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Small Unmanned Aerial System (UAS) Flight Testing of Enabling Vehicle Technologies for the UAS Traffic Management ProjectSmall unmanned aerial systems (sUAS) have been studied and results indicate that there is a large array of highly-beneficial applications. These applications are too numerous to list, but include search and rescue, fire spotting, precision agriculture, etc. to name a few. Typically sUAS vehicles weigh less than 55 pounds and will be performing flight operations in the presence of manned aircraft and other sUAS. Certain sUAS applications, such as package delivery, will include operations in the close proximity of the general public. The full benefit from sUAS is contingent upon the resolution of several technological areas to enable free and widespread use of these vehicles. Technological areas in question include, but are not limited to: autonomous sense and avoid and deconfliction of sUAS from other sUAS and manned aircraft, communications and interfaces between the vehicle and human operators, and high-reliability autonomous systems. The NASA UAS Traffic Management (UTM) project is endeavoring to develop a traffic management system and concept of operations for these types of vehicles. An extensive sUAS flight test effort was performed to partially address vehicle-related technological areas and to shape an understanding of future developmental and test efforts for vehicles intended to use the UTM traffic management system. The flight testing described herein had the following objectives: 1) Install and test Dedicated Short Range Communications (DSRC) systems developed for the automotive industry for potential sense and avoid sUAS applications; 2) Evaluate the use of cellular 4G systems to provide vehicle control; 3) Obtain high-resolution video imagery in support of image-based optical detection sense and avoid systems; 4) Acquire data in fixed-wing flight to support validation and maturation of an autonomous range containment system known as Safeguard in fixed-wing flight. A total of 53 flights were performed over 12 operational days at Beaver Dam Airpark in Elberon, VA. This work was sponsored by the UTM project that is part of the Aviation Operations and Safety Program (AOSP) at NASA.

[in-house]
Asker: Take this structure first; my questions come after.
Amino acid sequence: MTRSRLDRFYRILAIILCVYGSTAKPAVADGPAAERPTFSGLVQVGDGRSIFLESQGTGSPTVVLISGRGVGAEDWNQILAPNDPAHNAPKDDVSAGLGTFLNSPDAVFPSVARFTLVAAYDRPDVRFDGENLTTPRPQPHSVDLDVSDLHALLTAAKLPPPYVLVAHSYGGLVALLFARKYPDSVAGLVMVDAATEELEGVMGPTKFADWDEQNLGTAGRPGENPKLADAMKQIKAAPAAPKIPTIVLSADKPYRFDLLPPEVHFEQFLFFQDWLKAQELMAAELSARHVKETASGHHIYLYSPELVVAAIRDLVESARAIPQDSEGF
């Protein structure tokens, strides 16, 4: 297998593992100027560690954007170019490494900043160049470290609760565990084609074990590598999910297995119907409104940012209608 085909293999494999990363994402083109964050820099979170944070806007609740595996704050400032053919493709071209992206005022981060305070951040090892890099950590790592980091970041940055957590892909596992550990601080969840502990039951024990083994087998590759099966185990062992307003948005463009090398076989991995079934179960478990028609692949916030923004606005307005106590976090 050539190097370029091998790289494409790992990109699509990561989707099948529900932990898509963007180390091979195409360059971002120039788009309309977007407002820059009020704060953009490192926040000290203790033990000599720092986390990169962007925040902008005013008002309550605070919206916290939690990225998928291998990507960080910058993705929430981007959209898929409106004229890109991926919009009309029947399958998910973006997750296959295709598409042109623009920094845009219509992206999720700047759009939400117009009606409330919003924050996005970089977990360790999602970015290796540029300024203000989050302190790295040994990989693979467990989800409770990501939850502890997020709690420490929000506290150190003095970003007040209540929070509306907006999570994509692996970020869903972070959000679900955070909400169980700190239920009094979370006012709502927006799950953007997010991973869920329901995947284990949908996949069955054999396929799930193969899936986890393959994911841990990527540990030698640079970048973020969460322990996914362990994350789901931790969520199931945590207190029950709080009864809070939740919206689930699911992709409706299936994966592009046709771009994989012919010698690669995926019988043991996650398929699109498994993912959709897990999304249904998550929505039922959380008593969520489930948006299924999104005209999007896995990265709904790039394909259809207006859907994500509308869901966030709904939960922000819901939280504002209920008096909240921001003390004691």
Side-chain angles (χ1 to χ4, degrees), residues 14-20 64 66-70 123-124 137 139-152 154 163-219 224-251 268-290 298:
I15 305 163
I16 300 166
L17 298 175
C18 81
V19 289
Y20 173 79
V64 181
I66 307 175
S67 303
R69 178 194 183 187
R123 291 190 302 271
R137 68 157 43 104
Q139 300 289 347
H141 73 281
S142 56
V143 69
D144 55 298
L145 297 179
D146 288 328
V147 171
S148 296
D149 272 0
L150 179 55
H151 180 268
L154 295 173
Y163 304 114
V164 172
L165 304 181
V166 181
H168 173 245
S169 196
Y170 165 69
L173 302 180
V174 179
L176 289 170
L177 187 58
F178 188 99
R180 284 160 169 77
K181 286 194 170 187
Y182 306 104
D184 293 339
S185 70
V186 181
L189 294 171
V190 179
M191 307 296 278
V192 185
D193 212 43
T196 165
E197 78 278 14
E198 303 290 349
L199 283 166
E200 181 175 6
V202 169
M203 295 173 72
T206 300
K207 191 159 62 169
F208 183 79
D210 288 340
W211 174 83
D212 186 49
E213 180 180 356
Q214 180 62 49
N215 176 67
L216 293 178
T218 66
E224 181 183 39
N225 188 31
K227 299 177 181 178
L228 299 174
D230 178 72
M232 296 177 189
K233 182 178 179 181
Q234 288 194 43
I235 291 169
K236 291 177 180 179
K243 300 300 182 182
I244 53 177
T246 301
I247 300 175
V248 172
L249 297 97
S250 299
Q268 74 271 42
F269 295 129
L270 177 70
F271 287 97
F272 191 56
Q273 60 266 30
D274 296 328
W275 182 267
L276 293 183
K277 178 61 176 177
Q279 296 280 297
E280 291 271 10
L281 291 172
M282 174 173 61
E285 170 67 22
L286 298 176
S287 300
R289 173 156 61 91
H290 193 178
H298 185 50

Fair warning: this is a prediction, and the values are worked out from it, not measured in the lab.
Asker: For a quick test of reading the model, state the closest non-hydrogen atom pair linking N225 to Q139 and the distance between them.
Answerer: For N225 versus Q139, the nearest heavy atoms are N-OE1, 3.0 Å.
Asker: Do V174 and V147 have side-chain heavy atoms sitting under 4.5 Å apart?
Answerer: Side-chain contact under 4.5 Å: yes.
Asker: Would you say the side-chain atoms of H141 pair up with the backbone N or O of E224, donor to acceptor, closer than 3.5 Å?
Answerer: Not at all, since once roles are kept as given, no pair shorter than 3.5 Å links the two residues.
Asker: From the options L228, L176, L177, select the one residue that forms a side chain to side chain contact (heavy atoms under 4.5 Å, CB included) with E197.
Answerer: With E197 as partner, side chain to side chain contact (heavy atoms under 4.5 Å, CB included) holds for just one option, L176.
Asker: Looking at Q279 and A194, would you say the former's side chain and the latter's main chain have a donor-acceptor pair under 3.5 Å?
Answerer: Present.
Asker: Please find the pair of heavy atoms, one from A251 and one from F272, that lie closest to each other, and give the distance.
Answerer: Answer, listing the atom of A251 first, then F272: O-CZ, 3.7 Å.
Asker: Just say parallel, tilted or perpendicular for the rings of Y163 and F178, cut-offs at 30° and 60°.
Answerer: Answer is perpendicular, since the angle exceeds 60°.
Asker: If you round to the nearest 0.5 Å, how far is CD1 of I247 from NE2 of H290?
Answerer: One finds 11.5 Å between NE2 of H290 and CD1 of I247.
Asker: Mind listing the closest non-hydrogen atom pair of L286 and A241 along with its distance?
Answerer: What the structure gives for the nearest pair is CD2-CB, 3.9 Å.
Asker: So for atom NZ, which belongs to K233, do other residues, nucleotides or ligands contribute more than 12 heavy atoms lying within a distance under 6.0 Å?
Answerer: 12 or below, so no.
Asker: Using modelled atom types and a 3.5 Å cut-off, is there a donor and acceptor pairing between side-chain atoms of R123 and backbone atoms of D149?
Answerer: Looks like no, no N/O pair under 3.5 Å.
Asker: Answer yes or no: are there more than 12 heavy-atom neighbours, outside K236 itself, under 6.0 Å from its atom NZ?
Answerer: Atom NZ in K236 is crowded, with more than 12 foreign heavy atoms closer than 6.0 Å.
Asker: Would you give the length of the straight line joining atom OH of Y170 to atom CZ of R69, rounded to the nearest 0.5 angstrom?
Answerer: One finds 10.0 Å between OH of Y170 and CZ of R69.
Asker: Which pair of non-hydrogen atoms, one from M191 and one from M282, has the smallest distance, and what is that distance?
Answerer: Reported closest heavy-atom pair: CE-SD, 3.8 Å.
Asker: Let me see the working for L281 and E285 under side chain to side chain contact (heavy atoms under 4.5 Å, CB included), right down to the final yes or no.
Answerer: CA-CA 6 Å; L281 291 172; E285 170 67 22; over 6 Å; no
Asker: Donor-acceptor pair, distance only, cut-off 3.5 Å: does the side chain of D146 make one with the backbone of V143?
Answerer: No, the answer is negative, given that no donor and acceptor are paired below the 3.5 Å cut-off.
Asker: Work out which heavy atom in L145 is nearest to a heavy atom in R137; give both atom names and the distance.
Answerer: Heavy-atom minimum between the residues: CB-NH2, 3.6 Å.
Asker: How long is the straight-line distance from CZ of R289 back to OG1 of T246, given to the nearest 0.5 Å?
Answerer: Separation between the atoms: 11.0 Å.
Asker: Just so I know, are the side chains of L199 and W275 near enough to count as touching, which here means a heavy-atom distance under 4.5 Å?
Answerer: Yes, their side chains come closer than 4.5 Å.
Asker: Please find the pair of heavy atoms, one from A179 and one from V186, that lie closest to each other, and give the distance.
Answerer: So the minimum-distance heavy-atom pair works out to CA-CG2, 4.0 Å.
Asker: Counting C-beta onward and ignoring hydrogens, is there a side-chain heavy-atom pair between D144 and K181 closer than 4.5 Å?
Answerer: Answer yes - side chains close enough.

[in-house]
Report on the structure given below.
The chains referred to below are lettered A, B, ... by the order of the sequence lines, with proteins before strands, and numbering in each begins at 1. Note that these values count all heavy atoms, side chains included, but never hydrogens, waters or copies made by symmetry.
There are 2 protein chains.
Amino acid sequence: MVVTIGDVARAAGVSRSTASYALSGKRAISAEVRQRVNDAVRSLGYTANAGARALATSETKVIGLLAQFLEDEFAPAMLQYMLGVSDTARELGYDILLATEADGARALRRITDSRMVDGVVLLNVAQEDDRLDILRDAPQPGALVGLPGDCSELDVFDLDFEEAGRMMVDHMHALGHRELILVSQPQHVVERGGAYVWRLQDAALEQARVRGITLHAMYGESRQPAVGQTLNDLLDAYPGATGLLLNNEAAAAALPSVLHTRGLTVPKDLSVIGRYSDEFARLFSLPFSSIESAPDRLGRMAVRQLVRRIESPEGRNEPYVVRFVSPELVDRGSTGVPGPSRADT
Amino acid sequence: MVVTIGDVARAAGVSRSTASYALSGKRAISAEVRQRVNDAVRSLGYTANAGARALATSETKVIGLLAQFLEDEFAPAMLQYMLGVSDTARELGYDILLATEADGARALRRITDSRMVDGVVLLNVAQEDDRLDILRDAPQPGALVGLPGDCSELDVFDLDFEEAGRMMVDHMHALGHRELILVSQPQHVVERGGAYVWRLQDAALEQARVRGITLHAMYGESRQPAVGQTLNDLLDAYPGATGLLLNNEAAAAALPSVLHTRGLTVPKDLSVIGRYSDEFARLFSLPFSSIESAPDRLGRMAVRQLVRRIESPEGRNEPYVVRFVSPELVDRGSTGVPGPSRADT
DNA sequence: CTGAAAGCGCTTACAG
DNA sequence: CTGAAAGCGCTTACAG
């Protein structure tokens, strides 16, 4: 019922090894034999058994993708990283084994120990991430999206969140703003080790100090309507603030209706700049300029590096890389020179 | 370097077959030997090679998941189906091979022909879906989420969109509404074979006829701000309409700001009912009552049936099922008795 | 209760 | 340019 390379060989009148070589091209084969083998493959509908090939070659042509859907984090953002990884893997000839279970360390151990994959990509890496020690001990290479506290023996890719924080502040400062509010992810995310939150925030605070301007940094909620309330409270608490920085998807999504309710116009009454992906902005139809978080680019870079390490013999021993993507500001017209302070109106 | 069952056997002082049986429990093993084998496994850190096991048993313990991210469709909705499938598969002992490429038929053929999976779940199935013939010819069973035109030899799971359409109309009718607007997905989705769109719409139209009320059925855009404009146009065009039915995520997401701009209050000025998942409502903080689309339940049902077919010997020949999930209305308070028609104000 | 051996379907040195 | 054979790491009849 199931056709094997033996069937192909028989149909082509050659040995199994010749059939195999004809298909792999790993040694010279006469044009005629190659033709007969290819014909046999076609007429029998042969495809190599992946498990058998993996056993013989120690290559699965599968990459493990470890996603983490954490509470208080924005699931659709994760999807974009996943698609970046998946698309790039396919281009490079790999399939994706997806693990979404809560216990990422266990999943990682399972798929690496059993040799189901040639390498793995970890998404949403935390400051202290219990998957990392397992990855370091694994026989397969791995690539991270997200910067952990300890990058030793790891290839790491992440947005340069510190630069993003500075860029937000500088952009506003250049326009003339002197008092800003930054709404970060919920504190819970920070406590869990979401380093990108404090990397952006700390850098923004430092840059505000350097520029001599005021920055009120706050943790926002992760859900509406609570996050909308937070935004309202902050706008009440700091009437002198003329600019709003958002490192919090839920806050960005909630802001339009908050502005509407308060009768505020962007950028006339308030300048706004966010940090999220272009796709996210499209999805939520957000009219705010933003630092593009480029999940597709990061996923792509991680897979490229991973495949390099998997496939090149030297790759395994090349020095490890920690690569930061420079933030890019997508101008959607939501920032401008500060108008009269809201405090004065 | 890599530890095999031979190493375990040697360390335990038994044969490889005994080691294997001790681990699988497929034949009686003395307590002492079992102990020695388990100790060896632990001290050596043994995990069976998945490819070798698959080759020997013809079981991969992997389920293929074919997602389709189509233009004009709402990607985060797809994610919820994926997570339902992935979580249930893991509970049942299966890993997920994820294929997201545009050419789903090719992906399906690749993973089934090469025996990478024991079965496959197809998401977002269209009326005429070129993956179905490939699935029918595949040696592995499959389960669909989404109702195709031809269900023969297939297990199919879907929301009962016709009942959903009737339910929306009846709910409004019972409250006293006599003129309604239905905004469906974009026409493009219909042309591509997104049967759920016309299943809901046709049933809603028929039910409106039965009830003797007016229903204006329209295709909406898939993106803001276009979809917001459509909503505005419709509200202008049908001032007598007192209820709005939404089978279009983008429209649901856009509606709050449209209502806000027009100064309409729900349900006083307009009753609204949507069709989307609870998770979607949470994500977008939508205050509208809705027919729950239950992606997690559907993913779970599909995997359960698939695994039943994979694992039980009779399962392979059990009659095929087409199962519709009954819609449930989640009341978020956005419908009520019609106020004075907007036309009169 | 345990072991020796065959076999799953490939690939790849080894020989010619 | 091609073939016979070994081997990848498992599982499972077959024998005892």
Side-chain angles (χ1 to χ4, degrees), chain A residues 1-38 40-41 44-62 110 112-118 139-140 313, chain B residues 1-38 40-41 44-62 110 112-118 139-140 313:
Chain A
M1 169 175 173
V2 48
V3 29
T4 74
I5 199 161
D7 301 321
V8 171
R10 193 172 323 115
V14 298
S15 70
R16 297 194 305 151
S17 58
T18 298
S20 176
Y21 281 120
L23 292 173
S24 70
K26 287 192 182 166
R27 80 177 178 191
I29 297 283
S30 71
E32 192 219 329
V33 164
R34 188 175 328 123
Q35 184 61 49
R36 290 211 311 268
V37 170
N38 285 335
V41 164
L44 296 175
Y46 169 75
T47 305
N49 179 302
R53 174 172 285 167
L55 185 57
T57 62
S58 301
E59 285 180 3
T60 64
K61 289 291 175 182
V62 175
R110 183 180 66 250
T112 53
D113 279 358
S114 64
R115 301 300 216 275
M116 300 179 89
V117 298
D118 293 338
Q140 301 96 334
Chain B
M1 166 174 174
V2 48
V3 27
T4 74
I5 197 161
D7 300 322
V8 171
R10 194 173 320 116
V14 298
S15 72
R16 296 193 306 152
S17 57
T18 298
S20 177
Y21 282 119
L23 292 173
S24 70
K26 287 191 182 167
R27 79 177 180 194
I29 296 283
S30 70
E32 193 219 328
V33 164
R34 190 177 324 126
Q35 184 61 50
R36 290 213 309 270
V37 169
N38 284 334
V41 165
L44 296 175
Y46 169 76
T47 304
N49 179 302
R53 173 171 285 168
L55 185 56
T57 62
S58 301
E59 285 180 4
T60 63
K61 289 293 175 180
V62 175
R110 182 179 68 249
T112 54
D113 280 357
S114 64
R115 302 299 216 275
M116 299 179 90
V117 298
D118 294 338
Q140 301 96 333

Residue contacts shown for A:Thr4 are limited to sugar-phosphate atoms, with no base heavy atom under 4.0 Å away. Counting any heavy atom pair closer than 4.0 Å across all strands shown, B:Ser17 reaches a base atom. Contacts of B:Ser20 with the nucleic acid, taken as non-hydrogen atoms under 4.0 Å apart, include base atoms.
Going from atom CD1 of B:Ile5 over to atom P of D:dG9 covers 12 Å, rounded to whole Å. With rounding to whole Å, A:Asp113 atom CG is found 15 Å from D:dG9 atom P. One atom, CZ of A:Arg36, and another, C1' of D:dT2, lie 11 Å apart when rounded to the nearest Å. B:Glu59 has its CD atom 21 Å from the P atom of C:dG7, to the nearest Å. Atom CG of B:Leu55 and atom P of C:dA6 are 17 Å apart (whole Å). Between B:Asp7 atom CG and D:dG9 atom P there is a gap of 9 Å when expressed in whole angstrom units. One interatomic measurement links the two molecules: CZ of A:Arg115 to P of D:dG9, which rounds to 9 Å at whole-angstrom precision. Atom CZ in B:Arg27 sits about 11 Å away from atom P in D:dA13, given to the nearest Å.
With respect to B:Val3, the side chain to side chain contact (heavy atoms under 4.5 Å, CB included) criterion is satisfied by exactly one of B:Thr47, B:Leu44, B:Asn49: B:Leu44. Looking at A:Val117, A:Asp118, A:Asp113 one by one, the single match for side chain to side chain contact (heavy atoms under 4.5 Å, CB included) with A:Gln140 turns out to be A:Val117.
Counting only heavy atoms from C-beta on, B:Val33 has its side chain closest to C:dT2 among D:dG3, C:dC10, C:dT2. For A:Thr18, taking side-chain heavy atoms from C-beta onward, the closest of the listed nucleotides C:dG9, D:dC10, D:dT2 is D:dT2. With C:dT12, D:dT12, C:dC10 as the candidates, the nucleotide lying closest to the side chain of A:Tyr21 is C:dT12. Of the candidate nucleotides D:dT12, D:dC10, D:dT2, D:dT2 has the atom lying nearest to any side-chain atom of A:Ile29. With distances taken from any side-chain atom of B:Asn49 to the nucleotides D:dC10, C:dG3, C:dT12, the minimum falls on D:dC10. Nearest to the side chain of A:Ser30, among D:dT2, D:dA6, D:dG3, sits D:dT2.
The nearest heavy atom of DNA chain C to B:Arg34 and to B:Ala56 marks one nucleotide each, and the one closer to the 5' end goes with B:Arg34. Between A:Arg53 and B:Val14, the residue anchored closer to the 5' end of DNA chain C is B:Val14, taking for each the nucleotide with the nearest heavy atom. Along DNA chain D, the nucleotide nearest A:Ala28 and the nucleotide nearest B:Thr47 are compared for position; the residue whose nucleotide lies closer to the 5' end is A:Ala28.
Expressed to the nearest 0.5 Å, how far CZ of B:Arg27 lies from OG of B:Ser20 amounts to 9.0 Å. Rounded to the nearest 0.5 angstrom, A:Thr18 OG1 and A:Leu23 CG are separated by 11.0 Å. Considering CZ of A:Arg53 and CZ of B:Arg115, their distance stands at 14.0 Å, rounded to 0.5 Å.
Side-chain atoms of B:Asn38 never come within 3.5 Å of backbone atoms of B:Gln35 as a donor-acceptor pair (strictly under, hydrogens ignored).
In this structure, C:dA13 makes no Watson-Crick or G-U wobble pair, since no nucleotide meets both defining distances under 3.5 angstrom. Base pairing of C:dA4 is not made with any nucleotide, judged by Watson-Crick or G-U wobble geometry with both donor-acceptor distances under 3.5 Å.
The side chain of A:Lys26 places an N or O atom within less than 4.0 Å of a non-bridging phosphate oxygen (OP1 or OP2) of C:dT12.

Document ID
Acquisition Source
Langley Research Center
Document Type
Glaab, Louis J.
(NASA Langley Research Center Hampton, VA, United States)
Dolph, Chester V.
(NASA Langley Research Center Hampton, VA, United States)
Young, Steven D.
(NASA Langley Research Center Hampton, VA, United States)
Coffey, Neil C.
(NASA Langley Research Center Hampton, VA, United States)
McSwain, Robert G.
(NASA Langley Research Center Hampton, VA, United States)
Logan, Michael J.
(NASA Langley Research Center Hampton, VA, United States)
Harper, Donald E.
(Analytical Mechanics Associates, Inc. Hampton, VA, United States)
Date Acquired
May 30, 2018
Publication Date
April 1, 2018
Subject Category
Air Transportation And Safety
Report/Patent Number
Funding Number(s)
WBS: WBS 334005.
Distribution Limits
Public Use Permitted.
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